One patient had the Sonata procedure with positive results.
Fibroid tumors — benign growths in the uterus and uterine walls — are common, occurring in about 70 percent of women. These growths typically start small, and some individuals with fibroids have few or minor symptoms.
However, fibroids often grow in size and number, and many women experience significant abdominal pain, pressure and heavy menstrual bleeding as a result. In addition, fibroids can make it more difficult to become pregnant and cause complications during pregnancy, according to Danny Benjamin, M.D., FACOG, chief of obstetrics and gynecology at DMC Huron Valley-Sinai Hospital in Commerce.
When symptoms were severe, women could choose hysterectomy (removal of the uterus) or myomectomy (surgical removal of the fibroids), but both surgical procedures require hospitalization and a lengthy recovery.
Hormonal injections or the use of IUDs with hormones sometimes provided temporary relief but also caused unpleasant side effects. For most patients, fibroids tended to grow back after treatment was completed.
In the past, Benjamin performed a laparoscopic procedure to shrink the fibroids. However, the earlier technology required at least three small abdominal incisions, making it technically more challenging depending on the tumor location. Last year, Gynesonics, a company specializing in the imaging and treatment of gynecologic conditions, received permission from the Food and Drug Administration (FDA) for its newest version of the Sonata procedure that uses a combination of ultrasound and radiofrequency to target and shrink fibroids. In medical terms, it is described as a sonography-guided transcervical fibroid ablation device.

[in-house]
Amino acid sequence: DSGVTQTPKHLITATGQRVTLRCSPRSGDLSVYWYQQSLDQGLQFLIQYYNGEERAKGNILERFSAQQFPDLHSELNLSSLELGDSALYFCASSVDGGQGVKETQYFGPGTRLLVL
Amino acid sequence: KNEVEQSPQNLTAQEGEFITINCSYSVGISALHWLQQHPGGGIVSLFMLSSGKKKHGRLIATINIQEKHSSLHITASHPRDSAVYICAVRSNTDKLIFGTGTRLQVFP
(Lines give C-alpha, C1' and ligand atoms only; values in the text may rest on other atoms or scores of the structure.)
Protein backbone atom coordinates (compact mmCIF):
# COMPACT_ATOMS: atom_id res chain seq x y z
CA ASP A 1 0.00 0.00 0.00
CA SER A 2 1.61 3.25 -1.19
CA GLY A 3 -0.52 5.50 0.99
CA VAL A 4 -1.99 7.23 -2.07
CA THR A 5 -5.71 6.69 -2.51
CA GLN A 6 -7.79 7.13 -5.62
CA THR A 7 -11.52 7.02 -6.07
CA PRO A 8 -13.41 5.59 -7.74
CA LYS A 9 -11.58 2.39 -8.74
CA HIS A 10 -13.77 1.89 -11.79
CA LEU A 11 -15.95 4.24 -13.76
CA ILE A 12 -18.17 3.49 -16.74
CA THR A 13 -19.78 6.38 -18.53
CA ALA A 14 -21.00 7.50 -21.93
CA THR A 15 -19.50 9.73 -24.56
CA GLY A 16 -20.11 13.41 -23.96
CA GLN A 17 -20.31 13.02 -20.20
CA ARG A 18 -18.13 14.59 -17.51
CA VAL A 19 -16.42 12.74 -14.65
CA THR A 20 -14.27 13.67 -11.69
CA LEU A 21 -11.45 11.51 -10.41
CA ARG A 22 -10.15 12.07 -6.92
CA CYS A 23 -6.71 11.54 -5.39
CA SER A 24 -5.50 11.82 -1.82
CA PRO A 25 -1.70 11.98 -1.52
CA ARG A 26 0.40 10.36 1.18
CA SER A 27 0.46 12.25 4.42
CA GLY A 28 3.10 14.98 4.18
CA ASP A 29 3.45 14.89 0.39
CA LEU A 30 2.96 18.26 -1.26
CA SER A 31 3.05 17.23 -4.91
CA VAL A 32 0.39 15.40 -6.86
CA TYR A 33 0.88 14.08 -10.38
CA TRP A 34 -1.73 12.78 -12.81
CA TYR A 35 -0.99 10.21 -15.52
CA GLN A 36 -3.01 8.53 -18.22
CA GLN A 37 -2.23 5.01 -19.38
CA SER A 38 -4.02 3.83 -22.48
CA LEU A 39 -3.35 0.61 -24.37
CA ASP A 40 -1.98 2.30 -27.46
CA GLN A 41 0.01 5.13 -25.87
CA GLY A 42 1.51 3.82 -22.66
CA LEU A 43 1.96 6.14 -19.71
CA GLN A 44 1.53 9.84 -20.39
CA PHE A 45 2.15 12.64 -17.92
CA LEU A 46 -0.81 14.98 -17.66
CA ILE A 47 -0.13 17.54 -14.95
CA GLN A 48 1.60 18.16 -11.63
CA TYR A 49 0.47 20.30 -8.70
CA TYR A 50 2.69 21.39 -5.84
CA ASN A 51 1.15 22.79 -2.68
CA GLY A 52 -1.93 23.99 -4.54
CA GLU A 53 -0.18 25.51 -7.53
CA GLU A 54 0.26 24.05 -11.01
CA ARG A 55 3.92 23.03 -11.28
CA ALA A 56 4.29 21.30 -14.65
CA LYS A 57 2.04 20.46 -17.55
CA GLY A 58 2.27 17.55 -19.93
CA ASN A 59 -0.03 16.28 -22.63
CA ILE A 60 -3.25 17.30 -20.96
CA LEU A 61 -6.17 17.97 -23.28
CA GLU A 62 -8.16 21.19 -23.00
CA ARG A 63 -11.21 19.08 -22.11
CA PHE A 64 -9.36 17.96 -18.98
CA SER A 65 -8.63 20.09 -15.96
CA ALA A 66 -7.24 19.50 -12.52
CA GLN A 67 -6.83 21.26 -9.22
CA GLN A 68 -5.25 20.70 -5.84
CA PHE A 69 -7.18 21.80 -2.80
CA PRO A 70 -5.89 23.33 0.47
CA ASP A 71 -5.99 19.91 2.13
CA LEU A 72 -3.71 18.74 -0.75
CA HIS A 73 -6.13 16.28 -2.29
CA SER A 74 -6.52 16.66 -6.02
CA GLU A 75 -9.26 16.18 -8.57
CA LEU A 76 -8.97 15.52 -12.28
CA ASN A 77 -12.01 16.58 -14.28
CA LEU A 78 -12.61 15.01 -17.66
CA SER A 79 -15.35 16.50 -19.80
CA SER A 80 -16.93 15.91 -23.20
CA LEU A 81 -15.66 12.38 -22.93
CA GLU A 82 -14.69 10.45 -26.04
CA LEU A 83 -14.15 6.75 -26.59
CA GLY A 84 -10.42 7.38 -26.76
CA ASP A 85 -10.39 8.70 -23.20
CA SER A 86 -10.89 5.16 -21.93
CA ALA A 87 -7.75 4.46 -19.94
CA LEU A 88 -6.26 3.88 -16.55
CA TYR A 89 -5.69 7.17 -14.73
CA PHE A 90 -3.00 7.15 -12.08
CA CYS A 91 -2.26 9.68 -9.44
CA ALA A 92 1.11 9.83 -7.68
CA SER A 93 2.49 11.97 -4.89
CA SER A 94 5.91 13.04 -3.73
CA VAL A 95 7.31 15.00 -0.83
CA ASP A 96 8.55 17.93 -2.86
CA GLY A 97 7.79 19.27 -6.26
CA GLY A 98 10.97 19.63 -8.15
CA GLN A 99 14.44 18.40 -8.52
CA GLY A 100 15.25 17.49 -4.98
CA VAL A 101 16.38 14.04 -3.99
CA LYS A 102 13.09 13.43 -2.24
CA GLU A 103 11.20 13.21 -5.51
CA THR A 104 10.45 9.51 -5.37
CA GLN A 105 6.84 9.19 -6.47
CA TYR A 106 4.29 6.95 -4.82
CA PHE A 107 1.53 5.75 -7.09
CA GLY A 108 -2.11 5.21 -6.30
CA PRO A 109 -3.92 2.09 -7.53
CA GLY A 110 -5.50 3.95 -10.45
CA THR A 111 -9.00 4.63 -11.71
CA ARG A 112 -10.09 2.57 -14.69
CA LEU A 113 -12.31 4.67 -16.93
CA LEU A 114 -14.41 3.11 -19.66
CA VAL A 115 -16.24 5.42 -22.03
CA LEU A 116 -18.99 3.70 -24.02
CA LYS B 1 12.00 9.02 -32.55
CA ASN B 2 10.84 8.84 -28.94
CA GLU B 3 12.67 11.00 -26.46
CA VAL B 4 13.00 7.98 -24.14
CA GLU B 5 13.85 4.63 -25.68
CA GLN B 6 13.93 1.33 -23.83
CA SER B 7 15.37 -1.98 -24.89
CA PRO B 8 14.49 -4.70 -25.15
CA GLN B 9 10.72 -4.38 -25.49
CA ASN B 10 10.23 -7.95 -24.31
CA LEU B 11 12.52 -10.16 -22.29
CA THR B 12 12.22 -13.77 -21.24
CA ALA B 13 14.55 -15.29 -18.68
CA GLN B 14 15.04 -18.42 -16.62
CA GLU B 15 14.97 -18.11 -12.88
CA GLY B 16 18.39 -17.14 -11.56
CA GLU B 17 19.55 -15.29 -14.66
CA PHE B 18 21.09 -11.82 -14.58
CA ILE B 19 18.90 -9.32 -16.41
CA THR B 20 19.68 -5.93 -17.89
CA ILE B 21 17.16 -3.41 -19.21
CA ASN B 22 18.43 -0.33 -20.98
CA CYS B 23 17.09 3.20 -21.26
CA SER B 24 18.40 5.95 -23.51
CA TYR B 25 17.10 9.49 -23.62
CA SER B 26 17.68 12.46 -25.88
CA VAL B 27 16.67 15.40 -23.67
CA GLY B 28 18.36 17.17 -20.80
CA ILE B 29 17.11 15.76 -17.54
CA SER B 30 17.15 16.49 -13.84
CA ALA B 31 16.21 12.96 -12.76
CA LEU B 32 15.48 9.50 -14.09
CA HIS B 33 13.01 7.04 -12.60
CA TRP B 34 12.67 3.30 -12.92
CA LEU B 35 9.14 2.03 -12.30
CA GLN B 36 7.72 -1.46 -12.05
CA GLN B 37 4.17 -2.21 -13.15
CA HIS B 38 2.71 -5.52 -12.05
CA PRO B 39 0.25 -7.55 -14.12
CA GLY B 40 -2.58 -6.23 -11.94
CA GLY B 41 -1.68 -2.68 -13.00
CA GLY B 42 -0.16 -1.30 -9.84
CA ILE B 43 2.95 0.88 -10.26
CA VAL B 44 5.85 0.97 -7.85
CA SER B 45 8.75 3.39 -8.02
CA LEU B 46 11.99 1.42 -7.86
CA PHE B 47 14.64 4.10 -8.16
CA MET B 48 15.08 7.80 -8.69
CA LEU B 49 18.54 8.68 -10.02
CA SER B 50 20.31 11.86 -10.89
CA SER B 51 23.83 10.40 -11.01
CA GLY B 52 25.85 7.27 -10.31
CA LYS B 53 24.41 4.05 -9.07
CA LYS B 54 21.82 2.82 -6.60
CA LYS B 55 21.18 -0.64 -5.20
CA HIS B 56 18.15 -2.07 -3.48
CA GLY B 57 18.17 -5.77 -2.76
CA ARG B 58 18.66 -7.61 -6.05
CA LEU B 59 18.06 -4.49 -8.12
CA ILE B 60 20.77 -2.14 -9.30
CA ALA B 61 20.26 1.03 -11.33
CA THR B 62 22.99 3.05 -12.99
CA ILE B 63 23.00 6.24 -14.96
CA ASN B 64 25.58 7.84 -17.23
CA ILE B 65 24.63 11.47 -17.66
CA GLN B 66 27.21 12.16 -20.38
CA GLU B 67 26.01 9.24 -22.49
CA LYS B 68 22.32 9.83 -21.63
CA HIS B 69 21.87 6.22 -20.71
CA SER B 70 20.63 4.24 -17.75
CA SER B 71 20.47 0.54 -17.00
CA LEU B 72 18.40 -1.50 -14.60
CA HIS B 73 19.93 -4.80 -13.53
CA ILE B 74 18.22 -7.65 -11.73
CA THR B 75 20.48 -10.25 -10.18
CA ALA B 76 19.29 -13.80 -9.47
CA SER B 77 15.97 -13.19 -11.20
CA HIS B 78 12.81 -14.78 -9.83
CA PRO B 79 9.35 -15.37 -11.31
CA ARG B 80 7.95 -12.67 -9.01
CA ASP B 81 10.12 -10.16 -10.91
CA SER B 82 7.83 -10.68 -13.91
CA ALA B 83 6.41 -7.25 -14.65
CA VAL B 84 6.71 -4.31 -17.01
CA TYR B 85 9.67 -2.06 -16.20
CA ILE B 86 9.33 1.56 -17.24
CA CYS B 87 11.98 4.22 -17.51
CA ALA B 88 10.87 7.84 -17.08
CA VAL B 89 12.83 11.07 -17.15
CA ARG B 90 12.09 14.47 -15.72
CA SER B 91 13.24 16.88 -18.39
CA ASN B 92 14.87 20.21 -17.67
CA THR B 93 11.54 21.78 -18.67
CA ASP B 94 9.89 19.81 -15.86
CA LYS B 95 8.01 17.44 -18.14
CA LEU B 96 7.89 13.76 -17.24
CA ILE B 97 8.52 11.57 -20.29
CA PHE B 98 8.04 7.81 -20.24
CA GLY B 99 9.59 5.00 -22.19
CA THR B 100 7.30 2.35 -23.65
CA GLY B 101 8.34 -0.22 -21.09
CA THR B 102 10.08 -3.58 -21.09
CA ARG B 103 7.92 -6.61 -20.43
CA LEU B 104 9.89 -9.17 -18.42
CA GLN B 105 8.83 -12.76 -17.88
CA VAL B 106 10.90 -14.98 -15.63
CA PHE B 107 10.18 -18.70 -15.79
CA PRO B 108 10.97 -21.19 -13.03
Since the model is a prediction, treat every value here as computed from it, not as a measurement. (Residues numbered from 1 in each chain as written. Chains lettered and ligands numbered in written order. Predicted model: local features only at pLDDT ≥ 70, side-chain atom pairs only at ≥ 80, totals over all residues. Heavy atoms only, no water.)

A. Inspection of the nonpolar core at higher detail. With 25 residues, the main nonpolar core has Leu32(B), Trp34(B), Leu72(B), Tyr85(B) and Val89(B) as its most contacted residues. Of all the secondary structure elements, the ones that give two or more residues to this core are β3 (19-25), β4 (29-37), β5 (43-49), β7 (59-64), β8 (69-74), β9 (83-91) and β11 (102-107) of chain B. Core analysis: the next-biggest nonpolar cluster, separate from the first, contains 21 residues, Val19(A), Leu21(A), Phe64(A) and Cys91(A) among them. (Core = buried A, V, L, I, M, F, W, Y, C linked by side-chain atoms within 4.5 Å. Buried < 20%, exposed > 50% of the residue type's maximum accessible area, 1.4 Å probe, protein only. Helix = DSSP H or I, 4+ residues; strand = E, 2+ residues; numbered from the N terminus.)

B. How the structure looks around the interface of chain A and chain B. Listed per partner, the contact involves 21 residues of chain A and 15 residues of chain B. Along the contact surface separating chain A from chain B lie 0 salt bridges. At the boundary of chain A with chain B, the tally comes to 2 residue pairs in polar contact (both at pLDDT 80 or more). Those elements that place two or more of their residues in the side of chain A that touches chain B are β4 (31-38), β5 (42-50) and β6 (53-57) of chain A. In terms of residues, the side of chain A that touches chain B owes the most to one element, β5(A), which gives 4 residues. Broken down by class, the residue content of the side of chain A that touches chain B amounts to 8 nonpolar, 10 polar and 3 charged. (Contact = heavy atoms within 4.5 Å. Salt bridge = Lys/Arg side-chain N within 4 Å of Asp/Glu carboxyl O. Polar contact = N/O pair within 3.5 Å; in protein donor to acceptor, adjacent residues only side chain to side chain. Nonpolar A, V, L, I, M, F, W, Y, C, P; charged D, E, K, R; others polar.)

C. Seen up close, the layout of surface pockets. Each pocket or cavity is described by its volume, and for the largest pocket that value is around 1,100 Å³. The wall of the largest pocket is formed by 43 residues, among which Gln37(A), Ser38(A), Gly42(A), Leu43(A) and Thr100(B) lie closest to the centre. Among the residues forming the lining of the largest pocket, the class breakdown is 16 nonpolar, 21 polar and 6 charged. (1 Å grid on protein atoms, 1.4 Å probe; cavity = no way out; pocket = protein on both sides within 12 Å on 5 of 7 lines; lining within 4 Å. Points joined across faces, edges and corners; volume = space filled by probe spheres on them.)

“I was very impressed by the results of the clinical studies, and the positive impact Sonata had on women’s lives. The incision-free nature of Sonata addresses the growing preference of women seeking a less-invasive, lower risk procedure that preserves the uterus,” said Benjamin, who was specially trained for the procedure.
With the Sonata procedure, the gynecologist inserts a hand-held device into the cervix to identify the location of the fibroids with ultrasound and then uses radiofrequency — a form of heat — to reduce the size of the tumor. “There are no incisions, and the ultrasound defines the safety zone where the heat will be used,” Benjamin explains. General anesthetic is not required. Without abdominal incisions, potential complications are reduced.
Julie McCarthy, 53, of Brighton, had pain from fibroids but didn’t want a hysterectomy. In November, she had the Sonata procedure at DMC Huron Valley-Sinai Hospital with positive results.
After the outpatient procedure, she was sleepy and had some temporary cramping and bleeding. Immediately, McCarthy felt less pressure, especially on her bladder. “I don’t have that heaviness, pressure or pain on one side. There is less bloating, distension and tenderness. I definitely see an improvement in the quality of my life.”
Jamie King, 36, was the second Sonata patient at Huron Valley-Sinai. “It was extremely easy with no pain, some bleeding and a little pressure,” she said. “I don’t have the same pain. It feels like it’s gone. I didn’t need any recovery time.”
“There is a high success rate. Ninety percent of patients have positive results,” said Benjamin. Currently, Huron Valley-Sinai Hospital is the only hospital within the Detroit Medical Center offering the procedure and the first in Michigan.